Organizations often work to establish standards for common service transactions. While specific standards for service performance can be useful they can also be counter-productive, because setting and achieving service standards is not the same as achieving service excellence. Let’s consider the importance of each, and the difference.
Service standards are applicable to many jobs. Customer service reps, bank branch employees, retail salespeople, call center staff and distribution and delivery functions all benefit from clear standards for service. Standards are also commonly applied to technical support roles and shared services.
And there are certainly good reasons to establish service standards. They provide staff with a clear set of guidelines for delivering predictable levels service. For example, establishing expected follow-up time and communications format when an IT department responds to a technical support call. In such cases, standards provide a useful benchmark, especially for new employees learning how to do the job.
Standards can also support your brand. They help deliver consistency in brand identity across multiple customer transactions. Something as simple as always giving your name, the company name, and saying “How may I help you?” at the beginning of call, or “Is there any other assistance I can provide?” at the end of a call, can offer support to the company-wide brand value of “Customer Focus.”
But service standards can also be too rigid, or too scripted, and inadvertently degrade a service experience or cause damage to a service brand. For example, one call center manager shared with me that one of their required service standards was to use each customer’s name three times on every call. Imagine every employee trying to squeeze your name into the conversation three times on every call, including simple inquiries. The standard is too rigid. The actual experience becomes artificial and customers can see and hear right through it. We know that someone is just going through the motions, following the standard, and not really giving us great service.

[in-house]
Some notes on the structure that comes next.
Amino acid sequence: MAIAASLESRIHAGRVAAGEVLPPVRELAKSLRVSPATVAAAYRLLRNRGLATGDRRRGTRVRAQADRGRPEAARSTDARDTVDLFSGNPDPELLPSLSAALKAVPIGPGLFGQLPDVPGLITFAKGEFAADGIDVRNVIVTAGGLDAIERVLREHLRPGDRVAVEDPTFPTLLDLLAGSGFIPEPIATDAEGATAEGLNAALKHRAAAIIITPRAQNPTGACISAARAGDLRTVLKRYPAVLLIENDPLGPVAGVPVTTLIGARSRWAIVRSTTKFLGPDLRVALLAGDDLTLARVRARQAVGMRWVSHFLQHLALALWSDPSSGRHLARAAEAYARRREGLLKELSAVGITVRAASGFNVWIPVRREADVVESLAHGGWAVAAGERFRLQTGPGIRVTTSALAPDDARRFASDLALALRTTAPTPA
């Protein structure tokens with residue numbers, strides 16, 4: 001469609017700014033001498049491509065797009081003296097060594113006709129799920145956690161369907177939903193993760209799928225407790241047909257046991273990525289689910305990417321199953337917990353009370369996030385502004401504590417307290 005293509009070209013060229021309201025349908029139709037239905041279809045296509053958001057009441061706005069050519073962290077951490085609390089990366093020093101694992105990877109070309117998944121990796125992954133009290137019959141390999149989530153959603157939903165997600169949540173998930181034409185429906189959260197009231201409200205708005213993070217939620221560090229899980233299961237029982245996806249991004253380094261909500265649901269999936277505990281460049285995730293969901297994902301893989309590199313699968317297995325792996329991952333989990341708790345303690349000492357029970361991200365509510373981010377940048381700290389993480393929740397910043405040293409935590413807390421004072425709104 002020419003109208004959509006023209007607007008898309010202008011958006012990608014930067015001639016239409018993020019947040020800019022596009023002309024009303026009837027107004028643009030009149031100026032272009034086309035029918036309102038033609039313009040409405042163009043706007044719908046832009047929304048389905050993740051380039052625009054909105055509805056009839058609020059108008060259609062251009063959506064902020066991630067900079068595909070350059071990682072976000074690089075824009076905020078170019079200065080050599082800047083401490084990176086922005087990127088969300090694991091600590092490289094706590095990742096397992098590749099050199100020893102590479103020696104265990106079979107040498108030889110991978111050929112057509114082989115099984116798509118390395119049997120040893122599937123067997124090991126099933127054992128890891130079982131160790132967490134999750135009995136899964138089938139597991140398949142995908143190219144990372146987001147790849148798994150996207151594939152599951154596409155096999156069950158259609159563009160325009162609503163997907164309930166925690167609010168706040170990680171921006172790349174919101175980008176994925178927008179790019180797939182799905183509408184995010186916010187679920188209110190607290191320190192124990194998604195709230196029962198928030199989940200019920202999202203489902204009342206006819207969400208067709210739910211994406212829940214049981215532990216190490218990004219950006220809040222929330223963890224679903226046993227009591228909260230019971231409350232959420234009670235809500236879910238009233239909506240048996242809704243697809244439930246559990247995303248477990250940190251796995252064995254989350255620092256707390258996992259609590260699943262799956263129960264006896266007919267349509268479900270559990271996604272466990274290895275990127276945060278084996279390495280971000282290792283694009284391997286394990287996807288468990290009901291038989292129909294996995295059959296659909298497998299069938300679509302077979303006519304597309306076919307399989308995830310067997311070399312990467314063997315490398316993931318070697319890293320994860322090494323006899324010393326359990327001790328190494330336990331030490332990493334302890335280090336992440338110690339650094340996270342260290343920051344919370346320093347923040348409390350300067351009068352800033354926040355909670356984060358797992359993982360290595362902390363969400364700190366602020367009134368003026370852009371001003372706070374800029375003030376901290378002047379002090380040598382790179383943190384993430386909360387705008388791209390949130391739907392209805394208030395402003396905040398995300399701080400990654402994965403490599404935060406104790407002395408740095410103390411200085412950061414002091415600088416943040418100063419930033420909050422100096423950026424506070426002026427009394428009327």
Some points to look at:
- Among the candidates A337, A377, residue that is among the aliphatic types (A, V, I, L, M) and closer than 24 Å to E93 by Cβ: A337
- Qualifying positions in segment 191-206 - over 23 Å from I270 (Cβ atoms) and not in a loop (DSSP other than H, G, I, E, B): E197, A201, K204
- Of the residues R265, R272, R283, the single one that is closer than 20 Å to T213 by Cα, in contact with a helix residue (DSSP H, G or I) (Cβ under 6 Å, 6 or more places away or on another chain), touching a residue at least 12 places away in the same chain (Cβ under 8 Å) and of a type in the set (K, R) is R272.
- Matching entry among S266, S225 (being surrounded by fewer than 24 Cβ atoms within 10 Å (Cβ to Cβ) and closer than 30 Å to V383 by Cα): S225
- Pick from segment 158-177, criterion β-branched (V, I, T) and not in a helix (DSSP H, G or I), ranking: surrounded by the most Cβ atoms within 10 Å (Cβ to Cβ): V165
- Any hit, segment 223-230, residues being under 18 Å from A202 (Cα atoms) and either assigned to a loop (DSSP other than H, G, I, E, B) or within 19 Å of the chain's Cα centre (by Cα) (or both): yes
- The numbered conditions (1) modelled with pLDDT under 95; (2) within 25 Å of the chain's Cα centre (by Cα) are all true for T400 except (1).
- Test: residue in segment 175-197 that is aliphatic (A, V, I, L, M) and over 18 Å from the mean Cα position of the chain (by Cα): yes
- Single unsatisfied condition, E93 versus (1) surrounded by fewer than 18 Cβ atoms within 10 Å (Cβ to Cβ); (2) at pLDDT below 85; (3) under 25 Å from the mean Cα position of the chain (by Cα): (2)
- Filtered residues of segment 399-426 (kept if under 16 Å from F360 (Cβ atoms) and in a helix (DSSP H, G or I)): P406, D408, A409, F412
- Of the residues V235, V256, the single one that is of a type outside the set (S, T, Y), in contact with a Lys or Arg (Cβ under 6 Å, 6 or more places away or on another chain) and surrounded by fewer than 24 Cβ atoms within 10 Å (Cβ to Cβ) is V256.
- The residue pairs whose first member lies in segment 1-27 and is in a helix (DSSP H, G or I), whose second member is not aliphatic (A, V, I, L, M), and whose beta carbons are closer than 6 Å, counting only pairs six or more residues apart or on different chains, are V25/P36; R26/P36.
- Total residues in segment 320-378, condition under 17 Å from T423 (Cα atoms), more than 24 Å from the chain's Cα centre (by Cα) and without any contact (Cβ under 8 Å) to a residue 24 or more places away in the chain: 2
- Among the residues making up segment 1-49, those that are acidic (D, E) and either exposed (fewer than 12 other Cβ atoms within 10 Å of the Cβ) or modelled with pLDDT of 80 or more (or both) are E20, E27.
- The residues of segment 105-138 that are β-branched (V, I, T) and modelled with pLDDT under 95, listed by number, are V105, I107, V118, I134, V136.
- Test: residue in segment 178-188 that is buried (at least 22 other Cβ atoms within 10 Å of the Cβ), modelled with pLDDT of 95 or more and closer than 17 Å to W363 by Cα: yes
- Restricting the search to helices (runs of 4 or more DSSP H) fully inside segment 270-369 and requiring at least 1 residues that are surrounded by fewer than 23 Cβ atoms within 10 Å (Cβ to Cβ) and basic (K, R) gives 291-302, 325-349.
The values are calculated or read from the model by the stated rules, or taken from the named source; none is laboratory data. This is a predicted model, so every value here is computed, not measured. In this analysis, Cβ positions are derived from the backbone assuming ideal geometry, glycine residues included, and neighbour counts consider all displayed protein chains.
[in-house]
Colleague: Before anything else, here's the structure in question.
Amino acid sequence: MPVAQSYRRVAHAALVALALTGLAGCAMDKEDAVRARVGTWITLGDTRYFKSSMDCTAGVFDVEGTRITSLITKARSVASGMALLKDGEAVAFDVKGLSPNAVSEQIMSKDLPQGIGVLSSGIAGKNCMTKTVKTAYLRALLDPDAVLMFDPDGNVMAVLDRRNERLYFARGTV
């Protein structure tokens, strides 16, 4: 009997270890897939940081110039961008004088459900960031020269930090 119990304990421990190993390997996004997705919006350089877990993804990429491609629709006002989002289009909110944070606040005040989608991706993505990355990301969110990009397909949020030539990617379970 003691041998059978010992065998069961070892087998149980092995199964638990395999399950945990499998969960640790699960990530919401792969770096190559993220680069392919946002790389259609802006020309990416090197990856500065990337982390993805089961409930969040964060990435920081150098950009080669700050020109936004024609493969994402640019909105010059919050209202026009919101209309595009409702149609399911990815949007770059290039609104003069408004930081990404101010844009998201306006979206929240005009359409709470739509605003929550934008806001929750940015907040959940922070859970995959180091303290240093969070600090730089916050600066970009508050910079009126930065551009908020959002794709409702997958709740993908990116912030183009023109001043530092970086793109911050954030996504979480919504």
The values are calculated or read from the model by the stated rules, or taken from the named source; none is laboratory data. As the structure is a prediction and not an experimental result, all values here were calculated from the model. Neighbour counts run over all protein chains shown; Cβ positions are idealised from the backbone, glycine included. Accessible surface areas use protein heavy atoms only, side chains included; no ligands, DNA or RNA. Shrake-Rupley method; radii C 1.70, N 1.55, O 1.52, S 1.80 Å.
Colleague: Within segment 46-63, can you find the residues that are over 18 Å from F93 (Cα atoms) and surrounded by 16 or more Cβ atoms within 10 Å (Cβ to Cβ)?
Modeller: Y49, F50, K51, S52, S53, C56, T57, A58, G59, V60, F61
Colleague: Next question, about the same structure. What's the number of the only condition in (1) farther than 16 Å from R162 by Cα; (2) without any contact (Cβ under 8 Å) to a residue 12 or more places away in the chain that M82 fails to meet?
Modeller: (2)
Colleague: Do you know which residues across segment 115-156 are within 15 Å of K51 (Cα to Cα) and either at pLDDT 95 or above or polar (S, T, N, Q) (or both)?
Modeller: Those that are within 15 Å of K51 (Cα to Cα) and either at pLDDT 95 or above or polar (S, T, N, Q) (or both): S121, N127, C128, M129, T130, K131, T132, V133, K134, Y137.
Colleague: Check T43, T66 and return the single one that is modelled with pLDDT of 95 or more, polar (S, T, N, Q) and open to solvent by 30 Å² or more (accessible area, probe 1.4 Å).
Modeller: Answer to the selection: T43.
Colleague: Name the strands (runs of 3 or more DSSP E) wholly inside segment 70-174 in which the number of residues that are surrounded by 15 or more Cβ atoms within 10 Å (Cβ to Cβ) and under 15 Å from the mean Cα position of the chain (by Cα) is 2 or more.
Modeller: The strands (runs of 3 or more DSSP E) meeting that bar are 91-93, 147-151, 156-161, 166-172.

Customers would rather hear an empathetic tone of voice, or be asked an understanding question, than hear their name robotically repeated three times. A better guideline would be: “Use the customer’s name at least once and personalize the conversation.”
The even bigger danger is seeing “service standards” as the primary key to achieving “service excellence.” Bringing everyone to a pre-set standard and then assuming that service will be excellent leaves little room to adapt to customers’ individual situations. Inadvertently, standards can drive service providers to deliver the minimum actions instead of sparking their imagination to think “What can I do to delight this customer? What else could I do to serve them?”
At Uplifting Service we say: “Service is taking action to create value for someone else.” Excellence in service is not taking a prescribed set of actions. Rather, service excellence is taking the next right action to create new value, better value, or more than expected value for someone else; an internal colleague or an external customer. Service excellence is the commitment – not merely to predictable standards – but to continuously stepping up. And for my seatmates on the airplane, this passion for perpetual service improvement is the key the business growth.